Saturday, May 05, 2007

Denzel in "Deja Vu"

Julie and I are impressed with Denzel Washington's ability to portray believable characters. In Deja Vu, acting as ATF investigator, Doug Carlin, Washington takes us into a tense and thrilling mixture of modern day terrorism and wild science fiction.

After an horrific terrorist bombing of a ferry in New Orleans, ATF agent Carlin gets involved in an experimental FBI surveillance unit, one that uses spacefolding technology to directly look back a little over four days into the past. Carlin is transported back in time to prevent the ferry bombing and to save the life of Claire Kuchever played by Paula Patton.

One reviewer commented about Deja Vu: "A good script really helps a film and some lines of dialogue are truly excellent, intertwining science with religion whilst asking poignant, thought-provoking questions."

Sometimes I read theological ponderings about whether God is outside time or inside time or both. Films like Deja Vu present the intriguing complexities of such questions.

I was talking with a young couple recently and the guy had on a t-shirt that read "time is an invention." Watching Deja Vu, I think the t-shirt slogan is on to something. As I watched the film and wrestled with the "religion" issues, I thought about: what does God know, when does God know it, is he outside looking in as the FBI experimental unit "looks in" on Claire's life four days ago, or does he get involved in Claire's life as agent Carlin does?

Films like Deja Vu, in my opinion, shock classical deterministic theism. I like the idea of the God revealed in the Bible who mixes it up with us; who sees, listens to, and joins us in this reality called life. We're not living out some cosmic program, each of us being meticulously decreed to act, feel, think and decide as the program has pre-decided. What kind of sovereignty is that? None, in my book. It's a program. If everything is eternally decreed by God (as classical determinism insists), then all talk about authentic human freedom in the end is just smoke and mirrors.

I think relational theism is way ahead of the old-line linear decree of God view. In the divine-human relationship, God gets bumped and bruised (and crucified) as he enters our space and time to rescue us. He invites us into the story, not just as programmed widgets, but as authentic collaborators to make the story happen. Theology Proper begins at the cross of Jesus Christ and works out from there.

One final word, I do not build my theology off of Hollywood movies. I was trained in classical deterministic theism and realized one day that Calvinists are that in theology (theory) only. In every day life, they are as Arminian as most. Relational theism works from Jesus' cross out and takes the Bible's presentation of a highly interactive God mixing it up with humans very seriously. Relational theists see no need to read as "anthropomorphisms" straight-forward statements about God found in the Bible.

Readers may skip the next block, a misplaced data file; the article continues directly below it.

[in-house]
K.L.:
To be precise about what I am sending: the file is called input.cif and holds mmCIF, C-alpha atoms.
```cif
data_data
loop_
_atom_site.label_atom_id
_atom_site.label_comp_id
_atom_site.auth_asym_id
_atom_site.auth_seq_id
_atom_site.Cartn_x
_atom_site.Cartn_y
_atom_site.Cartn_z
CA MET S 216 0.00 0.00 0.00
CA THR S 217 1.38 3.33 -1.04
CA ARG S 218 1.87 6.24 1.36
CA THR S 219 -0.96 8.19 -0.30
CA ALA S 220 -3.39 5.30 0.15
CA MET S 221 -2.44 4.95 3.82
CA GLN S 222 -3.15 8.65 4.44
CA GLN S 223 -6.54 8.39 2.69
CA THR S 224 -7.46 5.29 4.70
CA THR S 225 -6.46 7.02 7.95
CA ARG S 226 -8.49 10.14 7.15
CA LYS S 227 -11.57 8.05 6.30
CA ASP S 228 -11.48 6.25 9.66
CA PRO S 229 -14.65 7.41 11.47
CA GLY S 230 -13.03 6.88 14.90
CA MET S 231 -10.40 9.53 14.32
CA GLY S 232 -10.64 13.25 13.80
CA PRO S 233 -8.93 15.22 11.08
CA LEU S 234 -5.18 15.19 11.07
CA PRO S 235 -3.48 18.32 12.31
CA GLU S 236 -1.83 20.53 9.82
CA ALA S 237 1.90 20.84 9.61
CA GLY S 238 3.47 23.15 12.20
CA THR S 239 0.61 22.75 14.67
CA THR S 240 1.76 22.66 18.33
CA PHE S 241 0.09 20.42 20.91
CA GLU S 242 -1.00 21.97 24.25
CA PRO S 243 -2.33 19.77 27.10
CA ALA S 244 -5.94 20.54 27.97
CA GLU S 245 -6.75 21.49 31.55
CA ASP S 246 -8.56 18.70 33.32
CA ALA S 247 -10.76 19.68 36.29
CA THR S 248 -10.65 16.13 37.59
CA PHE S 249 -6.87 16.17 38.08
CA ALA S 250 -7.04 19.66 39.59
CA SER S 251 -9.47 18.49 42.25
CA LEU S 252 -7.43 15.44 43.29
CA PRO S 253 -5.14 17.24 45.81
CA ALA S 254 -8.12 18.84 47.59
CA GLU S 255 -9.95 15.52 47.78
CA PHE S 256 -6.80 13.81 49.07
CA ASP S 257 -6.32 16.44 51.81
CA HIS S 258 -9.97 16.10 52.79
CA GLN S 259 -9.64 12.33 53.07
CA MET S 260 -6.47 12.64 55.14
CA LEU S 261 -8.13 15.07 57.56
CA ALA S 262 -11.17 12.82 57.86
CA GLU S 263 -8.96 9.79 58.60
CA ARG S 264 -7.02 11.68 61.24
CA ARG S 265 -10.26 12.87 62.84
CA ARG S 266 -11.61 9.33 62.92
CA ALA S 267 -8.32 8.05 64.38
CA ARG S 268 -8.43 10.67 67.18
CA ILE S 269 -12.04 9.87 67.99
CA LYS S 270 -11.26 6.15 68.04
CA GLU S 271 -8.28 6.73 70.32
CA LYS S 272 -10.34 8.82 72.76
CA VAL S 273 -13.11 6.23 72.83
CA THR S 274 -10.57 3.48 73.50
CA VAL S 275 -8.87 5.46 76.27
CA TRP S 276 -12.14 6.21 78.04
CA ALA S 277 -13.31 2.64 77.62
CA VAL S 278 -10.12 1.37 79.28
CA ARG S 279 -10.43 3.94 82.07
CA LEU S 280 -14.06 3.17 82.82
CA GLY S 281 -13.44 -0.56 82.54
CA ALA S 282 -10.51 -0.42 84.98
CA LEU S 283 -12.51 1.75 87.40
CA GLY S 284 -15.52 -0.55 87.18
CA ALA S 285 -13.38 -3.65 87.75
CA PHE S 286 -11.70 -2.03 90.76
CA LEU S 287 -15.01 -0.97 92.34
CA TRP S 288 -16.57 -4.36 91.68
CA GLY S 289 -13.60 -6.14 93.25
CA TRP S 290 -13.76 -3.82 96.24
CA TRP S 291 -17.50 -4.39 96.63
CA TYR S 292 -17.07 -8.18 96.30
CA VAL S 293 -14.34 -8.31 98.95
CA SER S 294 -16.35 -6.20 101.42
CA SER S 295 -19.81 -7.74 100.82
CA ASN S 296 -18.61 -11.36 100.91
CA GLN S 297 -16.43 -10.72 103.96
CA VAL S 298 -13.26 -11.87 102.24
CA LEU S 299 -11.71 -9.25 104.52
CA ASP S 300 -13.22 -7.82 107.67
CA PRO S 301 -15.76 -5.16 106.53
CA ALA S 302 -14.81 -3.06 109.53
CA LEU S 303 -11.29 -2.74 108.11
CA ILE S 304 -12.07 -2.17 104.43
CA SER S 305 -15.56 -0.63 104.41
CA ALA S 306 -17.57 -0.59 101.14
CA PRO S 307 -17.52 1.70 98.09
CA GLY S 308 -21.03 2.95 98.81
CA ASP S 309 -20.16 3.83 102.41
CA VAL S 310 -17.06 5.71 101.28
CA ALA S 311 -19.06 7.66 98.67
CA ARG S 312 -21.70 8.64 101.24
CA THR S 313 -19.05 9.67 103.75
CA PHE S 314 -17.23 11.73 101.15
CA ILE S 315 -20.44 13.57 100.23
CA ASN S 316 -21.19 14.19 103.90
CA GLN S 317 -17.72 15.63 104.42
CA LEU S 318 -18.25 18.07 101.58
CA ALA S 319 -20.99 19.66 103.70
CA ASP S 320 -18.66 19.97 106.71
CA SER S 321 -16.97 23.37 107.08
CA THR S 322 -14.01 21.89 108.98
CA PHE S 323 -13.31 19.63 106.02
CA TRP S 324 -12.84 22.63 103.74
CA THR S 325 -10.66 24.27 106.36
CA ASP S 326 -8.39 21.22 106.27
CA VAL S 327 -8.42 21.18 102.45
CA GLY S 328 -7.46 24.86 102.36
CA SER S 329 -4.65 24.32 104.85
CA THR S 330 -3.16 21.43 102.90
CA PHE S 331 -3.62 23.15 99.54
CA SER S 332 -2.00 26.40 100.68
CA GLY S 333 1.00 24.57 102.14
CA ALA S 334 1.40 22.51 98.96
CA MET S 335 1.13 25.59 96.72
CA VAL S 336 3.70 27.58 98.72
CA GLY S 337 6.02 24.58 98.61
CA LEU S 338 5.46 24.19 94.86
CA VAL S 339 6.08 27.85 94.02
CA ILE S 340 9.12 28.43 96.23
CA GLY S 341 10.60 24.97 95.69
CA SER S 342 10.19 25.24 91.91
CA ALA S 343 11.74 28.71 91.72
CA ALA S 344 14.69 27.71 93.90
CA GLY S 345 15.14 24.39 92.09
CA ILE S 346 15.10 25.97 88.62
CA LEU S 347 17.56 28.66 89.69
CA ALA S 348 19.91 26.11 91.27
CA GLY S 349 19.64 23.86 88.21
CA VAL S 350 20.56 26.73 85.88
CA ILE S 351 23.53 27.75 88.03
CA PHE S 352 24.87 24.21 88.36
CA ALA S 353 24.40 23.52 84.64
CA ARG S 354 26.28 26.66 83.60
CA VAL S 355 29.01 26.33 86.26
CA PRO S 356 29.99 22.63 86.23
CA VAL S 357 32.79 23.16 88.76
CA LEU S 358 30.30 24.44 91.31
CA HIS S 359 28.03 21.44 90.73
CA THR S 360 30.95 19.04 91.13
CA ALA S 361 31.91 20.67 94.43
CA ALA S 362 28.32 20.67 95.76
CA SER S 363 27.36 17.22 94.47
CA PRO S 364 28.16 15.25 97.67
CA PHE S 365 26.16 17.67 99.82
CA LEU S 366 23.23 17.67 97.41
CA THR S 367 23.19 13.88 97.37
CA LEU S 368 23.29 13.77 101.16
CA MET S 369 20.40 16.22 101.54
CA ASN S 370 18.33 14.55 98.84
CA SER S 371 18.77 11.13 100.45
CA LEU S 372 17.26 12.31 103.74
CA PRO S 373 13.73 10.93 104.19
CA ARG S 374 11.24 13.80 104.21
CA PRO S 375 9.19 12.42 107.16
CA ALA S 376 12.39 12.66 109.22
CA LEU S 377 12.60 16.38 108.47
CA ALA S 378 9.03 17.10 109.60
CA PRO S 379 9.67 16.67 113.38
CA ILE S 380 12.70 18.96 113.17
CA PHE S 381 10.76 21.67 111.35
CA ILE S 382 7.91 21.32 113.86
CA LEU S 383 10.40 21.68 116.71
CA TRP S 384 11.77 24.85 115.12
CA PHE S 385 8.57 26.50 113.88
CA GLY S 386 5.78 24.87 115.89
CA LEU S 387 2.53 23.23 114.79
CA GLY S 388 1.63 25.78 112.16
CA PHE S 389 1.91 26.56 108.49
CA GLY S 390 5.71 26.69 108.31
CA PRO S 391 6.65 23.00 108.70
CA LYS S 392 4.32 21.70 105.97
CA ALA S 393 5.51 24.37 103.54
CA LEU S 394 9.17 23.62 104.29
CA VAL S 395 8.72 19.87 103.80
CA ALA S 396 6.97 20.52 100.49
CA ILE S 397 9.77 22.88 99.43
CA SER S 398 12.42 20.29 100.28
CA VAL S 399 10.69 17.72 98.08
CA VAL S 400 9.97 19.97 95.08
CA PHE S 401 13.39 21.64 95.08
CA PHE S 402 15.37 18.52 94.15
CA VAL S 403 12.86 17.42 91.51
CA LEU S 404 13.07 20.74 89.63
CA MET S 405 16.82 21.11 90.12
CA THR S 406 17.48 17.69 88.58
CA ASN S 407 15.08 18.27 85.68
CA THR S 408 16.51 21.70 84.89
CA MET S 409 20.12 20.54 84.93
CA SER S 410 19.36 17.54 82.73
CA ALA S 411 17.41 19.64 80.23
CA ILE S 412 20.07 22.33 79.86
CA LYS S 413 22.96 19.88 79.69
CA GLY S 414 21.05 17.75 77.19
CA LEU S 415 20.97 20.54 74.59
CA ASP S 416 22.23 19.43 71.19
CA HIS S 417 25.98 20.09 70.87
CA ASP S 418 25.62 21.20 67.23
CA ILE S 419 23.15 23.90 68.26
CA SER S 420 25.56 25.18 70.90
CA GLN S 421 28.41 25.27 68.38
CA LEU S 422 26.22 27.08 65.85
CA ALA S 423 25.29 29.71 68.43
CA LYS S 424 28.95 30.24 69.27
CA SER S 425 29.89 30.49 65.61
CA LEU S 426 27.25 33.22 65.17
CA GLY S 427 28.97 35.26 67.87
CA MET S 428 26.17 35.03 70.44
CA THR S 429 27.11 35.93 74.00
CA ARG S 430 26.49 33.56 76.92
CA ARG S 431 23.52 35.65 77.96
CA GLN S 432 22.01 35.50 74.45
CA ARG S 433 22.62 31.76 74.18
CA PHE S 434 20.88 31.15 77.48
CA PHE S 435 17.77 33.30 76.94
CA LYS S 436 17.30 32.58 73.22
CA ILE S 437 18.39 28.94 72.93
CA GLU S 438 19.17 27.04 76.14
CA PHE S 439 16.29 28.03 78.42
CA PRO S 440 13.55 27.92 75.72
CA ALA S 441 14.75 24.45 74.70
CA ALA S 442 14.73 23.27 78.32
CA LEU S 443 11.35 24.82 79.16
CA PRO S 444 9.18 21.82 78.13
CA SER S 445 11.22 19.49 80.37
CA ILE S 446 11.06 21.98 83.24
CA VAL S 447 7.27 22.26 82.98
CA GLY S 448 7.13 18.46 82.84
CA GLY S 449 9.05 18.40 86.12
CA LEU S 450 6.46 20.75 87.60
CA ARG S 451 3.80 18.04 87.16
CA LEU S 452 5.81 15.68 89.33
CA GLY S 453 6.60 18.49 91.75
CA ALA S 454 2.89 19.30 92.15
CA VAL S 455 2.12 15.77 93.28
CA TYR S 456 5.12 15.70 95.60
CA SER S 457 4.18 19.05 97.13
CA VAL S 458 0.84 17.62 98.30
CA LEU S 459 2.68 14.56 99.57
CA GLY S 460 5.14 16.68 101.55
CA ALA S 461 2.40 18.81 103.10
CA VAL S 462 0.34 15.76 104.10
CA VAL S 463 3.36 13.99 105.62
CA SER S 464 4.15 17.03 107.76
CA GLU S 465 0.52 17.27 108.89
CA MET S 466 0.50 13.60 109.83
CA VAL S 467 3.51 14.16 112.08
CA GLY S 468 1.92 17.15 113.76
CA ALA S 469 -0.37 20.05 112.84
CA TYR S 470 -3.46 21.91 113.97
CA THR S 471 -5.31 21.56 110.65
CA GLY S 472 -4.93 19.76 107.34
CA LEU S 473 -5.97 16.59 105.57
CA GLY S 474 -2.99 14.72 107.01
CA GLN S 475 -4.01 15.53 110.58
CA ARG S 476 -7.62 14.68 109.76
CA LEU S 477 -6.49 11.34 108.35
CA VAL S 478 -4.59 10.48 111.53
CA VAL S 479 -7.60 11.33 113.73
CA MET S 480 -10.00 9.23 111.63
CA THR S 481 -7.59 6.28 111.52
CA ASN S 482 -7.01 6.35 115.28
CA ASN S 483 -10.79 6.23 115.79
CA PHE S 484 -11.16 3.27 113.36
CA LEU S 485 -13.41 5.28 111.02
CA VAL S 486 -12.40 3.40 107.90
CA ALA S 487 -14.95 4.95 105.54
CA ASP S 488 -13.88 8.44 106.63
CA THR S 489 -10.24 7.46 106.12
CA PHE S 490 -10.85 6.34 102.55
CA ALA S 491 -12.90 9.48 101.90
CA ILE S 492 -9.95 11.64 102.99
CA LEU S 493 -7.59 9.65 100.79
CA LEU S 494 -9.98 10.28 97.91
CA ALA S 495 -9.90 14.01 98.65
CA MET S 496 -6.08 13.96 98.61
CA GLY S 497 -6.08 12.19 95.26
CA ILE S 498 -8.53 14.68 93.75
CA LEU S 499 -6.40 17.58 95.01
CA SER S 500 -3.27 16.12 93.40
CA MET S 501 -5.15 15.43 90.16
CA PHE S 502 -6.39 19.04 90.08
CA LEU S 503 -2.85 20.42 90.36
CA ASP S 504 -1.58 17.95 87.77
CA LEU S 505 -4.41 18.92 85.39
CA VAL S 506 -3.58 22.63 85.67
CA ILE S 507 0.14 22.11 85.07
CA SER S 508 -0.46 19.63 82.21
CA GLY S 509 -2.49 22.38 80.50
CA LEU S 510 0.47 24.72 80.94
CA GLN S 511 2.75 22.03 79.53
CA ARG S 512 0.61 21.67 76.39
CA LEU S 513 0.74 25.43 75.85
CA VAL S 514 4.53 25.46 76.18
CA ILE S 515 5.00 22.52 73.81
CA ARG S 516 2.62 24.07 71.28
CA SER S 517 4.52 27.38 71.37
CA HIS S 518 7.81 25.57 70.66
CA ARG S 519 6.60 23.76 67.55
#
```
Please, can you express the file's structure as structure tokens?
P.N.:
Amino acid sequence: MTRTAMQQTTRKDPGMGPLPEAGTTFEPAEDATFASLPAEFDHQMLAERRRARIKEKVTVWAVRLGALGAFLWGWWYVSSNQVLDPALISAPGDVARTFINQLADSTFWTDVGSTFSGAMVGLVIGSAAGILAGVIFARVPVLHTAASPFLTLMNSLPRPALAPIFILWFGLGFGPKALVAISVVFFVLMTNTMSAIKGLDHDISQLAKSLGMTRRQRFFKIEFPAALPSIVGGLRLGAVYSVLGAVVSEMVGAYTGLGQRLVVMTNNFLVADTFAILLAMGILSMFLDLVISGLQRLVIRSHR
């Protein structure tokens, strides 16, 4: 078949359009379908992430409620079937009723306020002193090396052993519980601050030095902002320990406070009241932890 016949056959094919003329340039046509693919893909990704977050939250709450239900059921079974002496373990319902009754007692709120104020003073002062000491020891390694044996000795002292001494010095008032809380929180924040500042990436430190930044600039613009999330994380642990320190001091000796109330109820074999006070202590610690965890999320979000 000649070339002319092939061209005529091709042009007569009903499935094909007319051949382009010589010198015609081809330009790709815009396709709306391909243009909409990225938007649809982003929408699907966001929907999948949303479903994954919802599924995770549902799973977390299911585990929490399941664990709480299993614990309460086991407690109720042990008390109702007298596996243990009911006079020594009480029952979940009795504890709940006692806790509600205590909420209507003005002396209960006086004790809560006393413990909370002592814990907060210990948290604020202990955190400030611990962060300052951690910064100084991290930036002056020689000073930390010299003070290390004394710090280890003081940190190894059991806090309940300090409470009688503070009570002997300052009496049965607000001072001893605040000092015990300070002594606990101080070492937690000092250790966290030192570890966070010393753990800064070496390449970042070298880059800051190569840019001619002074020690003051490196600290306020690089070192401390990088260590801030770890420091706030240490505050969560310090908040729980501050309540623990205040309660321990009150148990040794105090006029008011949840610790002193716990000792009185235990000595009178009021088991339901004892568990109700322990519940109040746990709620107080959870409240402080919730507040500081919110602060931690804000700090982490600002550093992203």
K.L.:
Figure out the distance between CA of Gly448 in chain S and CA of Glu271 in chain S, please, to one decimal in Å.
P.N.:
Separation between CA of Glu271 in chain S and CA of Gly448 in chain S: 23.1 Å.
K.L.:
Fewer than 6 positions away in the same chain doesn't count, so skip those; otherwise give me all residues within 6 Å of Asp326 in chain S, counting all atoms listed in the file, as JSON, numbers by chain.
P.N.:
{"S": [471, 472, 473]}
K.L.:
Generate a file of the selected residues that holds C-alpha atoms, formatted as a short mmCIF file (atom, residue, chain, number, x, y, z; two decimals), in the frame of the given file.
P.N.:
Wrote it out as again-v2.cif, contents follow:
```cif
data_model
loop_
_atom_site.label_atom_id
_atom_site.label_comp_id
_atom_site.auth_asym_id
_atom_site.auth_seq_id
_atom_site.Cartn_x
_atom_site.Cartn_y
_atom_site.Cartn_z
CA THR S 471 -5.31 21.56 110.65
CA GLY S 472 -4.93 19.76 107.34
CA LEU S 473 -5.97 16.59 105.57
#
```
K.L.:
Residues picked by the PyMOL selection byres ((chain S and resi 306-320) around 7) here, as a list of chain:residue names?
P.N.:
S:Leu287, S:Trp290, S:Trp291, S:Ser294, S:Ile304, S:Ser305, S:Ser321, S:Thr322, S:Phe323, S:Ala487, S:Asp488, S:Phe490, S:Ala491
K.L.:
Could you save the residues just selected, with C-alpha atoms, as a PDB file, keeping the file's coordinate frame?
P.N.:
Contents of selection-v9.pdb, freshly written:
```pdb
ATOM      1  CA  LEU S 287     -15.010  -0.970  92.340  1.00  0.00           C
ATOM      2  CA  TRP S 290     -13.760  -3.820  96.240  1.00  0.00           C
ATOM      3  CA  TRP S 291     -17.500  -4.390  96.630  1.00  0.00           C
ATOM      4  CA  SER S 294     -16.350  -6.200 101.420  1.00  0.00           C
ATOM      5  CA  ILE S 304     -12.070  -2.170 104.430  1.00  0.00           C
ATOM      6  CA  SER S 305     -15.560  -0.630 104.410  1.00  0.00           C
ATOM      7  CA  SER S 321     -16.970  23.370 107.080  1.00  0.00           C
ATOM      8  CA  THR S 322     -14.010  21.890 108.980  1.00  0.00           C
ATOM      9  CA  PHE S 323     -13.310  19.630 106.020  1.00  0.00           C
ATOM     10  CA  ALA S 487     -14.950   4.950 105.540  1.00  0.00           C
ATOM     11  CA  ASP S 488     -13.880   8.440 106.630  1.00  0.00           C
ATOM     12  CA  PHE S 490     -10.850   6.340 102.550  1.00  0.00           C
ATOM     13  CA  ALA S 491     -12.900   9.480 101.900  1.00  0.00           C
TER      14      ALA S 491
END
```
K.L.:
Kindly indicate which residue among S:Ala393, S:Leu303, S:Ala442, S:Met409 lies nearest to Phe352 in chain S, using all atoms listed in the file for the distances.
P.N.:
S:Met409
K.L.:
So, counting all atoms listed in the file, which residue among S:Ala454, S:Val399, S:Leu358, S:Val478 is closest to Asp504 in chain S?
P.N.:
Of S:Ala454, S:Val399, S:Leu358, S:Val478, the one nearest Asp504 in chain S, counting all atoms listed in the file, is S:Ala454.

At 5/06/2007 8:00 PM, Blogger Adam Gonnerman said...

That's open theism you're describing, and I'm on board. :-)

At 5/07/2007 6:47 AM, Blogger John Frye said...

"Open theism" like "emergent/ emerging" are loaded terms. I like the phrase 'relational theism' because it speaks to the reality of the Trinity as Persons and how God-Three-in-One relates actually, authentically with humans beings in both creating and fulfilling his good and eternal purposes.

At 5/07/2007 9:39 AM, Blogger Adam Gonnerman said...

I guess I like to keep things loaded. ;-)

At 5/07/2007 11:01 AM, Blogger John Frye said...

Have you read Greg Boyd's *God at War: The Bible and Spiritual Conflict*? It's great.

At 5/07/2007 2:03 PM, Blogger Rock in the Grass said...

I like the idea of God who is in a liberating relationship with creation. God constantly seeks to set us free, while at the same time asking us to participate in this process. Sadly we sometimes are part of the destruction rather than being in the vanguard of freedom.
Thankyou for the thoughts.

At 5/08/2007 4:48 AM, Blogger John Frye said...

I appreciate your comments. That God invites to participate with him as "co-workers" is staggering.

At 5/08/2007 7:18 AM, Blogger Greg said...

Excellent and thought provoking. A film that helps shock classical deterministic theism has got to be worthwhile.

Relational theism is helpful. Thanks for framing it this way. I've used "community" _ God is community and invites us into and then to live out of this community.

On theology proper. I have tended to start from creation as the context for the cross. What do you think?

At 5/08/2007 9:41 AM, Blogger John Frye said...

I like the concept of the Godhead as a loving community. I think forming a theology proper by contemplating the cross in the context of creation is a fascinating approach.

At 5/08/2007 10:03 AM, Anonymous Anonymous said...

Hey John-I just watched this movie over the weekend.

Becky O

Got Inclusion

At 5/08/2007 10:27 AM, Blogger John Frye said...

Becky O,

Thanks for stopping by JESUS THE RADICAL PASTOR. I enjoyed meeting you at the meeting. What a great "pilot" venture.

Let's keep in touch.

At 5/08/2007 4:57 PM, Anonymous Joe Martino said...

Hey John,
I've made it to Mi. I'd love to get together for some coffee. I can't find your email. You can email me through my webpage.

At 5/08/2007 5:54 PM, Blogger John Frye said...

Welcome to G.R. I'll email you.

At 5/23/2007 8:42 AM, Blogger Daniel said...

I liked the movie, but the more I thought about it, it kinda falls apart.

At 5/24/2007 8:33 AM, Blogger John Frye said...

Don't over analyze. You lose the fun :)

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